The Cosmeceutical Difference

 It can be so difficult navigating the world of skincare products, especially when there are so many brands out there making so many strong claims about the efficacy of their products. You may have heard the term 'cosmeceutical' used when referring to clinical skincare before, but what does it mean?

In NZ and many other countries, there are strong regulations surrounding the potency of ingredients in skincare and where they can be sold/who they can be sold to. Cosmeceutical skincare's regulations sit in between Cosmetics and Pharmaceuticals, as it is considered a cosmetic product with medical benefits.

Here's a break down of each category so you can understand the difference:

Cosmetic Skincare

  • Is limited to containing a maximum of 2% active ingredients 
  • Is unable to penetrate through the outer-most layer of the epidermis
  • Often referred to as “over the counter” as it can be sold in supermarkets, pharmacies (including Chemist Warehouse), department stores (Farmers and all brands sold at Mecca and Sephora) where no professional guidance is required for purchase.
  • Anyone can purchase it without guidance

Cosmeceutical Skincare

  • Can contain up to 70% of active ingredients
  • Can penetrate down to the basal cell layer of the dermis (deepest layer of skin cells) to communicate with skin cells and improve cellular function
  • Is only sold at registered skin clinics with a professional’s guidance and recommendation to ensure client safety (including all the brands sold at Silk Space)

Pharmaceutical Skincare

  • No limitation on potency of ingredients- can contain up to 100%
  • Can penetrate down to the basal cell layer of the dermis and in some cases even the blood stream
  • Must be prescribed by a doctor or dermatologist 
  • Generally prescribed for short term use

When dealing with skin concerns such as acne, pigmentation, anti ageing, sensitivity, rosacea, texture etc the goal is to create enough cellular change within the skin that the problem stays away long term.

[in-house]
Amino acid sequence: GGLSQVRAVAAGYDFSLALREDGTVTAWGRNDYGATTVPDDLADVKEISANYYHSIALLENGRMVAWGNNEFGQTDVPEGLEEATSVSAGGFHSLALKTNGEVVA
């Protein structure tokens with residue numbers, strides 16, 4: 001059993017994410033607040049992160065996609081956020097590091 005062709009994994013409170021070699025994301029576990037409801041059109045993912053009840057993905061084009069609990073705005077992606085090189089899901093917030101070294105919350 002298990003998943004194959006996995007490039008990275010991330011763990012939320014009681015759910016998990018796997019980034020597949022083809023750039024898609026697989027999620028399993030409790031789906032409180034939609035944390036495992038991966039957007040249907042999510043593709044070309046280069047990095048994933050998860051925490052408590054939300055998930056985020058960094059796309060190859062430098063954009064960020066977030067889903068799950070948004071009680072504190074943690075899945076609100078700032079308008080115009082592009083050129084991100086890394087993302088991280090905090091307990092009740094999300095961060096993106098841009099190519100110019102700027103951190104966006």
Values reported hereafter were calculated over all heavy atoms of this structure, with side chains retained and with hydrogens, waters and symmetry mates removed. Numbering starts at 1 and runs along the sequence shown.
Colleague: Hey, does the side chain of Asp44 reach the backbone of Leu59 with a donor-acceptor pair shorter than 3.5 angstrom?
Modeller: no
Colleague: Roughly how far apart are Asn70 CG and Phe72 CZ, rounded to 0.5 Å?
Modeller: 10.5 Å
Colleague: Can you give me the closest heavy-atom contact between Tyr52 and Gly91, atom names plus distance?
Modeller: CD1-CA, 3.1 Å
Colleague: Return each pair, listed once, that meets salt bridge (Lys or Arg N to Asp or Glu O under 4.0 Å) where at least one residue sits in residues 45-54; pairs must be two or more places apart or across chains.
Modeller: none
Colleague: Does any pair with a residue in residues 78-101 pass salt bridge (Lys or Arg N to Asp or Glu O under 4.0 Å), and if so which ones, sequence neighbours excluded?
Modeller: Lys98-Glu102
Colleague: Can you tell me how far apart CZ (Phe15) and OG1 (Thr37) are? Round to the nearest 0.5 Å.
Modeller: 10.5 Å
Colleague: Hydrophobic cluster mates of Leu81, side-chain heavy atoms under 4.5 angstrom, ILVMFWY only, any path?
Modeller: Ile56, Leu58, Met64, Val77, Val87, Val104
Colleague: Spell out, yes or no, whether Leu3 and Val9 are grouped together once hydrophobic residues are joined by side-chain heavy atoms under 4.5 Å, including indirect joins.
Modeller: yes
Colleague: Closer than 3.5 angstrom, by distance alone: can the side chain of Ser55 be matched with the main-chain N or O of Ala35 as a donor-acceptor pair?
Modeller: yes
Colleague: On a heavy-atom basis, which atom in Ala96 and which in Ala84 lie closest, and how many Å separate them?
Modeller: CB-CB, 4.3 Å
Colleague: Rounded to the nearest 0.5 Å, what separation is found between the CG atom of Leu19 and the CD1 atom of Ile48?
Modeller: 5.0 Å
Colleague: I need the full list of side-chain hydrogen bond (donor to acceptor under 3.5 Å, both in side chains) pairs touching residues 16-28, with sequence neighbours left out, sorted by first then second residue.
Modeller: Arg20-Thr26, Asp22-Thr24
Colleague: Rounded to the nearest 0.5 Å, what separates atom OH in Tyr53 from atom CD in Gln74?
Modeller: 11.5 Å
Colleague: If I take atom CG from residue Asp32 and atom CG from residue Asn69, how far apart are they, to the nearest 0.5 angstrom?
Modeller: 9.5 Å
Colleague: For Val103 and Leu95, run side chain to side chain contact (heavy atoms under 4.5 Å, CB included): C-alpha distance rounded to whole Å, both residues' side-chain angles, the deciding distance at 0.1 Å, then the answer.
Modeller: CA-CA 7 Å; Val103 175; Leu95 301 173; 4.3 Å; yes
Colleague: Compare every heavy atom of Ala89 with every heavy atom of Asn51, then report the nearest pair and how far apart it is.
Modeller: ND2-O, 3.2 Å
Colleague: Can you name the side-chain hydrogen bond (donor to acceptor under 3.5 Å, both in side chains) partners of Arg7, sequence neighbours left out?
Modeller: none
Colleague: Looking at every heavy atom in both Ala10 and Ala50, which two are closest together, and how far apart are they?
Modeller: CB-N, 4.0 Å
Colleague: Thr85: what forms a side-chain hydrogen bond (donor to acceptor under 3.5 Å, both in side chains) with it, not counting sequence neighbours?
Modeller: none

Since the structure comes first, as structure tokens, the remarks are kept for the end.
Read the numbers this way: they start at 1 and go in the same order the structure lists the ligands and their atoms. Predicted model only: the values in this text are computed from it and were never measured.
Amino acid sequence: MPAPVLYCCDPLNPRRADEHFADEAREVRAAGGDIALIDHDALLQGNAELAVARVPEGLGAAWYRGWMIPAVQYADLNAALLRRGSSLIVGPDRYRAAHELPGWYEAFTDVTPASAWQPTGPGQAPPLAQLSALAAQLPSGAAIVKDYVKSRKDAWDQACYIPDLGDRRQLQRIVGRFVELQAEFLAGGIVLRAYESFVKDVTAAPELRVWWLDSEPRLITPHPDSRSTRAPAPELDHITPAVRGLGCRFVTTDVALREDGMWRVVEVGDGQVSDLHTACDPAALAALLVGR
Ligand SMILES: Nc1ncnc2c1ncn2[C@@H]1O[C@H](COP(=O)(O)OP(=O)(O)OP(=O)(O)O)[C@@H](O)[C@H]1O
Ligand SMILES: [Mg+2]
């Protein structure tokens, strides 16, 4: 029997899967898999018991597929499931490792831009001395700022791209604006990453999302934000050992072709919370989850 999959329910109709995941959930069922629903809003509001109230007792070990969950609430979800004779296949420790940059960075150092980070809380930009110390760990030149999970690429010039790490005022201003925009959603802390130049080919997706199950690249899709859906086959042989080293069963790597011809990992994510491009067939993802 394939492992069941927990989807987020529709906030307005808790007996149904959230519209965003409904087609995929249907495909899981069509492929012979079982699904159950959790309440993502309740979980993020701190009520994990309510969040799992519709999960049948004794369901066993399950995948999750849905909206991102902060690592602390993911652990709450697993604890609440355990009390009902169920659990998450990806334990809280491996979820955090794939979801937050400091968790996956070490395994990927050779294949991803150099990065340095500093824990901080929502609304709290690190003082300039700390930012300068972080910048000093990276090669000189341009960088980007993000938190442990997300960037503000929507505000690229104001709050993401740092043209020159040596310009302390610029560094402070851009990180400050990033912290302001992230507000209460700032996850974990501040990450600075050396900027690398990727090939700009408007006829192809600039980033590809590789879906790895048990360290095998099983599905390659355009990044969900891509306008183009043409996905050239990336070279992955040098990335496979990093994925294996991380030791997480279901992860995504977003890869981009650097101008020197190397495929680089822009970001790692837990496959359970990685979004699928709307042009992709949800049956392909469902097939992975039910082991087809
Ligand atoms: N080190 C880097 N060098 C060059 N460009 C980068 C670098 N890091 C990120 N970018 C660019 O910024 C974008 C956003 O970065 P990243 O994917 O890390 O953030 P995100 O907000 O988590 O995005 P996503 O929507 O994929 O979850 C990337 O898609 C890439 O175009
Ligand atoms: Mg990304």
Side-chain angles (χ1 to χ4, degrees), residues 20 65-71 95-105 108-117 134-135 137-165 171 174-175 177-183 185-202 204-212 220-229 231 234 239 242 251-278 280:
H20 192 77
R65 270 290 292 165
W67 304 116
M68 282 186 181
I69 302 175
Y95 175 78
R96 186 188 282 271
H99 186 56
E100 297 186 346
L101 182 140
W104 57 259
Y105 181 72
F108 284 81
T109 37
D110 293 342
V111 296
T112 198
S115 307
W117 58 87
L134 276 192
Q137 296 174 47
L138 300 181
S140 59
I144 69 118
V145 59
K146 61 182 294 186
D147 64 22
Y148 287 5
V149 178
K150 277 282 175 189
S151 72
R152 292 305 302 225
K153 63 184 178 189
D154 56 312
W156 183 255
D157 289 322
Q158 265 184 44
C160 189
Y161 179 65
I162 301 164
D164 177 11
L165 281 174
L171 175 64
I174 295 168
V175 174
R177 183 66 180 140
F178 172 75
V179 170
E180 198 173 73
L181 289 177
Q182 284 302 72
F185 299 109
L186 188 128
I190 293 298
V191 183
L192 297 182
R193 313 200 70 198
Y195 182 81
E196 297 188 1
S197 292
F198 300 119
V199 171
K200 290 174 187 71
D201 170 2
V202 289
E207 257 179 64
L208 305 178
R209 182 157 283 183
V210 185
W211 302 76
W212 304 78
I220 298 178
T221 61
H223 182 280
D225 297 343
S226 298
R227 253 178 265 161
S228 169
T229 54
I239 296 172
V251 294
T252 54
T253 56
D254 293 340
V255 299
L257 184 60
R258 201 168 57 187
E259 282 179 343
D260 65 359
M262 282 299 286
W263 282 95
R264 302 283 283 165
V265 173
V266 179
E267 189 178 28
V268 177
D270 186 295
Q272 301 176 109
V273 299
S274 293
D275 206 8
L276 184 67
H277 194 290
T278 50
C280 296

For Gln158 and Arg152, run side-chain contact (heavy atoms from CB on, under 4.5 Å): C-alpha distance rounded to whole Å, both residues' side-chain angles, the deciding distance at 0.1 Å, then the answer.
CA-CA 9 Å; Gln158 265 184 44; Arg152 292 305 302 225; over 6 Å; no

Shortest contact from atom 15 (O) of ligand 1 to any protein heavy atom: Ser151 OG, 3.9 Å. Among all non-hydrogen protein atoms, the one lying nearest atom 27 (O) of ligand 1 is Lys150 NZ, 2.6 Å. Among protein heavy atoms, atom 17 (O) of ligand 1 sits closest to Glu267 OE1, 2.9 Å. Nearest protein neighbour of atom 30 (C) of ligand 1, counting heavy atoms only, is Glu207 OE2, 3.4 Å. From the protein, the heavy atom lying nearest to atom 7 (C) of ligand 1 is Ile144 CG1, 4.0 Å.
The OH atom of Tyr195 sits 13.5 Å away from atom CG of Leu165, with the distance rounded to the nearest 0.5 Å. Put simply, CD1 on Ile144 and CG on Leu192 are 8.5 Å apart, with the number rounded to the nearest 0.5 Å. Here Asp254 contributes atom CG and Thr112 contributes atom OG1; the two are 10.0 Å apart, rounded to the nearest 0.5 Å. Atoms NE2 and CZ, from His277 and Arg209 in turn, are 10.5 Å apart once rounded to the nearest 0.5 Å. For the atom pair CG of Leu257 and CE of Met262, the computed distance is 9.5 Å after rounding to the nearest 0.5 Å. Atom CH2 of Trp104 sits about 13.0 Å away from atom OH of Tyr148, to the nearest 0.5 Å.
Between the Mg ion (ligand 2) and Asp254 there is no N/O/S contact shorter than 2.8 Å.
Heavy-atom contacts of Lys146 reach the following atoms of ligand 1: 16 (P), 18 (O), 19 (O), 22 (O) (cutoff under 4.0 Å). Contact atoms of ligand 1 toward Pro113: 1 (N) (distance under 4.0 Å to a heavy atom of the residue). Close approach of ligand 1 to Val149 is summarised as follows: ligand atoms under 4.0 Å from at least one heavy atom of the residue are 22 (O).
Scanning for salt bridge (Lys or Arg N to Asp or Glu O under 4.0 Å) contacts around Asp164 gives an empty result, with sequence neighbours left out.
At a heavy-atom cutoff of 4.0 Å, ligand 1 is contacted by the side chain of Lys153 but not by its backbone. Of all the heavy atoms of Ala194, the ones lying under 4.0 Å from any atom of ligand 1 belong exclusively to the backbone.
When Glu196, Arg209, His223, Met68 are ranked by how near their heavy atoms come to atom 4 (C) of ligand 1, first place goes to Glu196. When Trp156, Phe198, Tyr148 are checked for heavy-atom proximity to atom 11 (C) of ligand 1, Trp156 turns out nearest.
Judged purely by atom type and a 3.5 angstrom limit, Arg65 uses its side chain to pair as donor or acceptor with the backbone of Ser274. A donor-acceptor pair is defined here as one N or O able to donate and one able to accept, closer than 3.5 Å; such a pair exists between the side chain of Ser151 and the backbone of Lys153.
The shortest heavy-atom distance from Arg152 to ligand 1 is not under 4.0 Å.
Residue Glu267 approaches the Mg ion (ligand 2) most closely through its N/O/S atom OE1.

Cosmetic skincare lines can make the skin feel good at the time application. This is because they contain many “filler” ingredients such as fragrances, colours and preservatives that make up 98% of the remaining formulation. These temporarily make the skin feel good, improve product texture and make them smell lovely, however the strength of these products only allows for penetration of the top most layer of skin cells. So where the root of the problem lies within the deeper levels of the skin, remains untouched.

Through the use of cosmeceuticals, you can trust that the ingredients have enough strength to reach the basal layer of your skin and treat live skin cells and correct skin concerns

When looking after an organ as important and as vital as the skin, you also want to know that the ingredients being applied have been formulated in way so that our body can use them effectively. Cosmeceutical skincare companies focus on investing their money not into marketing like most cosmetic brands, but into the research and testing of ingredients. Ingredients used are therefore chirally-corrected, biocompatible and stable to ensure that they are easily penetrated by the skin and less likely to cause irritation or be rejected. The overall formulation of these products also contain a pH is that is safe for the skin and delivery systems/technology to boost efficacy and absorption of ingredients by the skin.


So to put it simply... if you want to TREAT and IMPROVE your skin, you need to be using skin care of a Cosmeceutical grade!


To get the most out of your cosmeceutical skincare routine, you should follow the advice of a registered skin therapist to ensure that you are using the correct ingredients suited to your skin type as well as skin goals.

 As always, if you're wanting to know more or have any questions, get in touch!







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